LONG-RANGE PACIFIC STORM AND SWELL GENERATION POTENTIAL FORECAST
Summer 2019 = 5.5 (California & Hawaii)
Rating based on a 1-10 scale: 1 being the lowest (small and infrequent surf conditions), 5 being normal/average, and 10 being extraordinary (frequent events of large, long period swells)
Rationale: Assuming the PDO has moved to the warm phase and that weak borderline El Nino condition continue , and assuming a weak ocean-atmospheric coupling holds and ocean temperature anomalies in Nino3.4 hold in the +0.8 deg range, there is good probability for slightly enhanced storm production in the South Pacific during the Northern Hemisphere Summer time months. There is slightly increased intensity in number of storm days and storm intensity, resulting in slightly increased odds for larger than normal swell, with increased duration and higher than normal period. This should be significantly better than the past 2 Summer seasons.
KWGA/Equatorial Surface Wind Analysis & Short-term Forecast (KWGA - Kelvin Wave Generation Area - The area 5 degrees north and south of the equator from 170W to 135E)
Analysis (TAO Buoys): As of (5/5) 5 day average winds were from the east over the Eastern equatorial Pacific. But a data outage has rendered sensors over the Central Pacific inoperable and no data is available. Winds were westerly over the KWGA. Anomalies were neutral over the East and unknown over the Central equatorial Pacific but strong westerly in the KWGA.
1 Week Forecast (GFS Model): On (5/10) moderate west anomalies were filling the KWGA. The forecast is for west anomalies holding and filling the KWGA through 5/13, then weakening some but still modestly westerly through the end of the model run on 5/17 still filling the KWGA. There is to be an increase in support for storm development now and continuing thereafter.
Kelvin Wave Generation Area wind monitoring model: West and East
Longer Range MJO/WWB Projections:
OLR Models: (5/9) A modest Active MJO pattern was over the KWGA. The statistic model indicates the Active Phase of the MJO is to be stationary over the KWGA while fading through day 5 then all but gone on day 10 as the Inactive Phase of the MJO moves into the West Pacific and taking over the KWGA at day 15. The dynamic model indicates a variation on the same theme with the Active Phase fading at day 10 but the Inactive Phase far weaker and making limited headway into the far West Pacific at day 15. The 2 models are generally in sync.
Phase Diagrams 2 week forecast (ECMF and GEFS): (5/10) The statistical model depicts the Active Phase of the MJO was modest over the West Pacific, and is forecast to push east into the Atlantic through day 15. The GEFS model suggests the same but with the Active Phase tracking to the Atlantic too.
40 day Upper Level Model (assumed to be a statistical model): (5/10) This model depicts a weak Active Phase in the Central Pacific today and is forecast tracking east into Central America on 5/25. A moderate Inactive Phase is to develop in the West Pacific on 5/16 pushing east into Central America on 6/9. A weak Active MJO signal is to build over the West Pacific 5/30 pushing east to Central America at the end of the model run on 6/19.
4 Week CFS Model (850 mb wind): (5/9) This model depicts a solid Active Phase of the MJO peaking over the KWGA today with solid west anomalies filling the KWGA. The forecast has the Active Phase tracking east while filling the KWGA through 5/16 with moderate plus west anomalies in the control of the KWGA pushing east. A weak Inactive Phase is to push into the West KWGA on 5/16 and pushing east to 5/30 but not totally filling the KWGA, with west anomalies holding on the dateline non-stop and then retrograding west to 150E at the end of the model run on 6/6.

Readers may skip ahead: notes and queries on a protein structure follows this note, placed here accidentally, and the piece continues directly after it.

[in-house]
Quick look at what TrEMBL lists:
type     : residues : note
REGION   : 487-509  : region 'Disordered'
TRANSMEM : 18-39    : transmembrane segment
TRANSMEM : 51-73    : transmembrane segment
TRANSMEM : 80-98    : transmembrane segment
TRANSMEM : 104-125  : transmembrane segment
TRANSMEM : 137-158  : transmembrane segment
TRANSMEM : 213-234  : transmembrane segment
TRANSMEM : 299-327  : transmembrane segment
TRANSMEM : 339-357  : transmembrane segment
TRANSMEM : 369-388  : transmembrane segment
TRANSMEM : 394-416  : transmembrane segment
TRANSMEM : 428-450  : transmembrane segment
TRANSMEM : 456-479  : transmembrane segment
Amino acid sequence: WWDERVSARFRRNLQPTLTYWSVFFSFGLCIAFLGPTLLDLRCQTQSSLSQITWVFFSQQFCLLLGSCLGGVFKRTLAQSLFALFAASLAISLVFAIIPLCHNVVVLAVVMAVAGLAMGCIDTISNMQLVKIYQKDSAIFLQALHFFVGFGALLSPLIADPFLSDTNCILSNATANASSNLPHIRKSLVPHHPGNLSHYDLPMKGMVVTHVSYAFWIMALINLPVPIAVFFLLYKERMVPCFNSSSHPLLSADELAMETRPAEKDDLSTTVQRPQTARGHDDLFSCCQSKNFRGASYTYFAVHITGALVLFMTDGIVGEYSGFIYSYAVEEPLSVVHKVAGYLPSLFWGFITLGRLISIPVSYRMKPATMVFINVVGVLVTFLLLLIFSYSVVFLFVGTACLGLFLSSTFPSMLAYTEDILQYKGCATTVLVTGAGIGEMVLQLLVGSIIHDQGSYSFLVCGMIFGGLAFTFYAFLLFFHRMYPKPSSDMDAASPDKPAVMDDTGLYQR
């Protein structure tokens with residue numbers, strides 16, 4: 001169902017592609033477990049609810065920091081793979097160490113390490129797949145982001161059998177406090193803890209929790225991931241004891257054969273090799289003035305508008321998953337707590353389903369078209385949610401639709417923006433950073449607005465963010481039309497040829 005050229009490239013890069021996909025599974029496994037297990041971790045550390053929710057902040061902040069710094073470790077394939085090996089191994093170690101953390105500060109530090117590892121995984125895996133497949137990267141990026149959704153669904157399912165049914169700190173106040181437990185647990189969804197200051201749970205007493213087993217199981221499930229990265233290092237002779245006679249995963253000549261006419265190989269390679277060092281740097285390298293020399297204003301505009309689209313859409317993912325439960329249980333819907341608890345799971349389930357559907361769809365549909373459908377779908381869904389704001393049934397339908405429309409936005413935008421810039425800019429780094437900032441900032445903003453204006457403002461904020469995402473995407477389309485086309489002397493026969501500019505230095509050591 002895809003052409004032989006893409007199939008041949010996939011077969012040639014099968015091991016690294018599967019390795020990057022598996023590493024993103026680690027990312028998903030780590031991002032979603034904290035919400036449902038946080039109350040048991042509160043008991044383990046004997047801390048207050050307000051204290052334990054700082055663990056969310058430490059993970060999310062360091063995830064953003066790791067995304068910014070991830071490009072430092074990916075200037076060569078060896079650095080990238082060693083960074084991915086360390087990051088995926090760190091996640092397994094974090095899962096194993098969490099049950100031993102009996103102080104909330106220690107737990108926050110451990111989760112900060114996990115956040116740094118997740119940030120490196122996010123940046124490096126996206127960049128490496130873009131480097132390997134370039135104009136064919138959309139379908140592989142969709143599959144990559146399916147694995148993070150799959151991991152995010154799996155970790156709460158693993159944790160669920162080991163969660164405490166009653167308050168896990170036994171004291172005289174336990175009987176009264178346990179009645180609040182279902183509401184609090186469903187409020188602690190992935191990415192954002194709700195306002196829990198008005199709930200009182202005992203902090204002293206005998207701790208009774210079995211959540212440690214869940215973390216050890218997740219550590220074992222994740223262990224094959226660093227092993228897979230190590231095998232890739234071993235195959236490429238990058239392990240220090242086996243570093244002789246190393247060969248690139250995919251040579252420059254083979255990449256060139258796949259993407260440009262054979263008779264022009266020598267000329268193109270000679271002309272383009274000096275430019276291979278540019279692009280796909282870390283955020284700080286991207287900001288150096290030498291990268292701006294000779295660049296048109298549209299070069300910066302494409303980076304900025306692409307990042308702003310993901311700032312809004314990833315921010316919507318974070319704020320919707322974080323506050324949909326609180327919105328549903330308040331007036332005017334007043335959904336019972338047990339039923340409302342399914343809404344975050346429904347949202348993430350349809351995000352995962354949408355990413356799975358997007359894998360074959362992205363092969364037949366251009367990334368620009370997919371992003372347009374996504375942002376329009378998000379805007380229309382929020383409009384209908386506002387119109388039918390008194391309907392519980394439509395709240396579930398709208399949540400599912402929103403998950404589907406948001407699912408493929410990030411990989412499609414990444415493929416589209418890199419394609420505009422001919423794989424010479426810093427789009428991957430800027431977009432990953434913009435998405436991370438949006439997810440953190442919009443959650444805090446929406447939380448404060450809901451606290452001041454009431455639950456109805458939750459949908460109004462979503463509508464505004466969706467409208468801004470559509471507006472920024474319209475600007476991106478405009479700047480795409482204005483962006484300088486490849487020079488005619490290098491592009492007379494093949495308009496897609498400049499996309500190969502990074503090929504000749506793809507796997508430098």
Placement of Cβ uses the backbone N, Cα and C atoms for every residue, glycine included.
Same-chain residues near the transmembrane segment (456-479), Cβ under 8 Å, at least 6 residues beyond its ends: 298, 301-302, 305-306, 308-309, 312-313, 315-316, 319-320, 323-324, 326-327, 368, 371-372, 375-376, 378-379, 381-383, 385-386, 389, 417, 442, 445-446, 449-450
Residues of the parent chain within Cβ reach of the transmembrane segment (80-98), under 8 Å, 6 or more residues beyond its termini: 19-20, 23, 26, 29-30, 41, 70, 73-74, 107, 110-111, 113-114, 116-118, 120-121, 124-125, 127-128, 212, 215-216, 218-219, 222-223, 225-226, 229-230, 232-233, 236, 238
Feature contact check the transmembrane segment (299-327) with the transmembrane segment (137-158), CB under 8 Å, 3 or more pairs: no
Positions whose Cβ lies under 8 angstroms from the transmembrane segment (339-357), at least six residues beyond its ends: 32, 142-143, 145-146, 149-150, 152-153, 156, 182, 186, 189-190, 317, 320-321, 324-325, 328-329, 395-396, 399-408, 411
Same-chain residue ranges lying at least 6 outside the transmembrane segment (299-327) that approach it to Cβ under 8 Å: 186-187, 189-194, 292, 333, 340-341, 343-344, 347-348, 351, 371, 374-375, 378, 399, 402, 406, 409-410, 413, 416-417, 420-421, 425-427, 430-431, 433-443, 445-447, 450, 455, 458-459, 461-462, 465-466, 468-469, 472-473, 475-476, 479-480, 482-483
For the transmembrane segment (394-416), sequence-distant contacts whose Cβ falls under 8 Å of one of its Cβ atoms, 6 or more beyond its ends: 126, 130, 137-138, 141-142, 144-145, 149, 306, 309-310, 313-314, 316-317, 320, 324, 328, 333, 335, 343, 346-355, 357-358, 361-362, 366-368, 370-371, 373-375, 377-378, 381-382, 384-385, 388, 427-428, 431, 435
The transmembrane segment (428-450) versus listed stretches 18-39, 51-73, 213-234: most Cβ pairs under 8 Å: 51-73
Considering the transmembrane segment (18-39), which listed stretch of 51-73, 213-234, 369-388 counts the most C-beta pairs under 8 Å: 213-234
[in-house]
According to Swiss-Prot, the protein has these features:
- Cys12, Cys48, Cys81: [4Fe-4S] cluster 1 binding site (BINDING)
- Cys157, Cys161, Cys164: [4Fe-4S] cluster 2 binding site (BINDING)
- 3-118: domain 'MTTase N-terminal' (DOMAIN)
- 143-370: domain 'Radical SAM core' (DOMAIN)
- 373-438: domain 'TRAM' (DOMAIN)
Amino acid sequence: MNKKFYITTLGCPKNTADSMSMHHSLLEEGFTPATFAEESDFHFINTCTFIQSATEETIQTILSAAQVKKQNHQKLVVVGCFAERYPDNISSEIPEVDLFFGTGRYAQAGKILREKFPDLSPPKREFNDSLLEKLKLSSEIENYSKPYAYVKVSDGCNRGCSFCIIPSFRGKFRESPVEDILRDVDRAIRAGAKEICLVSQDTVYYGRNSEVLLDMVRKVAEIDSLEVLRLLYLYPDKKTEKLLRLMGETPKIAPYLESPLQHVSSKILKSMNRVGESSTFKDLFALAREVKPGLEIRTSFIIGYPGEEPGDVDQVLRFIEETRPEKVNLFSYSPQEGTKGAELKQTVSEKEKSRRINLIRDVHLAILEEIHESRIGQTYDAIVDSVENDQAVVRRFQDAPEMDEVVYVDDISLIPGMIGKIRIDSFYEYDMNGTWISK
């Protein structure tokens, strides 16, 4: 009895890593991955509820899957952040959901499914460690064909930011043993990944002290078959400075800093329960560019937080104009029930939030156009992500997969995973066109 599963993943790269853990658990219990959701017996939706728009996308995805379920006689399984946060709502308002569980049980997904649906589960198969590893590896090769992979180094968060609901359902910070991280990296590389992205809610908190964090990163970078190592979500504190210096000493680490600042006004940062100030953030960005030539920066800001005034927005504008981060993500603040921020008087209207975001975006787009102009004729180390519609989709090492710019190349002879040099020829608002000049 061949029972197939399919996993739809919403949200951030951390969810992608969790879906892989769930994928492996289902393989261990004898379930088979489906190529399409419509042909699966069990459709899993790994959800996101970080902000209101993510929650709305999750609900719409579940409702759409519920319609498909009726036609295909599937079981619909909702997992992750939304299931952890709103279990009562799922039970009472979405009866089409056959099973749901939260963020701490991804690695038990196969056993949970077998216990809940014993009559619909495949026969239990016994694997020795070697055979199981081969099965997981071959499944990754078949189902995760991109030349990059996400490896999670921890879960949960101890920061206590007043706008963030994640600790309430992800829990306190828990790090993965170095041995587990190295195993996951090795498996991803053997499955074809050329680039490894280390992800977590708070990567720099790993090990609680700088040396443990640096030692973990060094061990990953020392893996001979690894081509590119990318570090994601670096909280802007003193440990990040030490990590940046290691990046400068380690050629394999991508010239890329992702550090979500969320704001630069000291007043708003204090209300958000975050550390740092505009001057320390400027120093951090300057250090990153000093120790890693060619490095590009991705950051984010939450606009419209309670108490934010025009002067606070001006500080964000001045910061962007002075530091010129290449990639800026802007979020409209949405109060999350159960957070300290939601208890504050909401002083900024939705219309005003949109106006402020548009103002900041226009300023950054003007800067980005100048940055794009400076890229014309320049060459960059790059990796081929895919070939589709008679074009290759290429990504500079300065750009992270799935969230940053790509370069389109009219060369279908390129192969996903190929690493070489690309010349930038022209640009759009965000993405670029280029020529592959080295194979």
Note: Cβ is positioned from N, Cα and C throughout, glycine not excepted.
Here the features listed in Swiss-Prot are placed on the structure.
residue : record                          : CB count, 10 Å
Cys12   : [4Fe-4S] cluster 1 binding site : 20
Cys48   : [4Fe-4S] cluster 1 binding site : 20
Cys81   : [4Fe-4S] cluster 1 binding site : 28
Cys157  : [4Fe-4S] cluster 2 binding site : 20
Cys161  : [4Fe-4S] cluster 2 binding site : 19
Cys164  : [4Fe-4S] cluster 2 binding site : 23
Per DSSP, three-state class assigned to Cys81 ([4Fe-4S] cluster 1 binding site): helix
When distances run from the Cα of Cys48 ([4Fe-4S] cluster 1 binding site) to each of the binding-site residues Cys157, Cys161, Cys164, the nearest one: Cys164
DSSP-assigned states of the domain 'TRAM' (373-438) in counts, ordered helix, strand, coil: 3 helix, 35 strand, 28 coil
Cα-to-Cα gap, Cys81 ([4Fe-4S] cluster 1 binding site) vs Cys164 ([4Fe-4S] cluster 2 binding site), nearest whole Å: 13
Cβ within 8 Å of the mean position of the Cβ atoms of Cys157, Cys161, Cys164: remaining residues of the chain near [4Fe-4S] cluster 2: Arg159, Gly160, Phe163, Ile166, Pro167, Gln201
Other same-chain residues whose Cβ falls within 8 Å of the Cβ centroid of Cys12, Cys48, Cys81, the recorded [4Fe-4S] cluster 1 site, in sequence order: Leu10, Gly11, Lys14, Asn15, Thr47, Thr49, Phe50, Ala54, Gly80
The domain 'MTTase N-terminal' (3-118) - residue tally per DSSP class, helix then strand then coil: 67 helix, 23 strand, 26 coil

3 Month CFS Model (850 mb wind): (5/10) This model depicts the Active Phase of the MJO building into the KWGA today and is forecast to hold through 5/25 with solid west anomalies holding through 5/15 then weaker but still present after that. A moderate Inactive Phase of the MJO sets up 5/20 in the West Pacific building east and filling the KWGA through 7/2 but with very weak west anomalies in the KWGA. Another modest Active Phase is to develop 6/28 holding through the end of the model run on 8/7 with modest plus west anomalies forecast. The low pass filter indicates a low pressure bias with 2 contour lines is fully in control of the KWGA centered on the dateline reaching east to California and forecast to hold steady till the end of the model run on 8/5. The second contour line is to fade on 7/4. This model indicates that a tendency towards El Nino was previously in control during the Fall of 2018, but has been steadily fading since then and is to continue a slow decline for the foreseeable future, but not dissipating nor turning to La Nina. Basically we are moving to a ENSO neutral pattern bias slightly towards El Nino.
CFSv2 3 month forecast for 850 mb winds, MJO, Rossby etc - Alternate link
Subsurface Waters Temps
TAO Array: (5/8) Today in the far West Pacific water temps are 29 deg temps creeping east but due to a data outage, no data is present from 165E to 165W. The 28 deg isotherm line had retrograded west to 160W mid-Nov into late Feb. But it made a major push east starting 3/16 from 150W and reached Ecuador on 5/5, but started retrograding and today was at 124W. It appears Kelvin Wave #3 was erupting in the East Pacific. The 24 deg isotherm was pushing into Ecuador 30 meters down. Anomaly wise, gentle warm anomalies are filling the entire subsurface Pacific at +1 degs or greater from the surface to 150 meters down. Embedded in that flow is a pocket of warmer water centered in the East Pacific at 120W at +2 degs (Kelvin Wave #3) reaching Ecuador and west to 138W. This Kelvin Wave is the warmest of any Kelvin Wave so far since La Nina faded into early 2018 and is to adding warmth moving into 2019. The hi-res GODAS animation posted 5/3 indicates warm water from Kelvin Wave #3 was filling the equatorial Pacific from 155E eastward, weaker in the West Pacific at +1 degs and weakening steadily there and stronger over the East Pacific reaching up to +2 degs from 130W to Ecuador (attributable to a Westerly Wind Burst 12/30-1/16 and another 2/12-2/24). There was no indication of any more warm water moving from the Maritime Continent into the far West Pacific. There is a river of very warm water traversing the width of the equatorial Pacific. The GODAS animation appears to be 1 week behind the TAO data but also is more detailed and accurately modeled.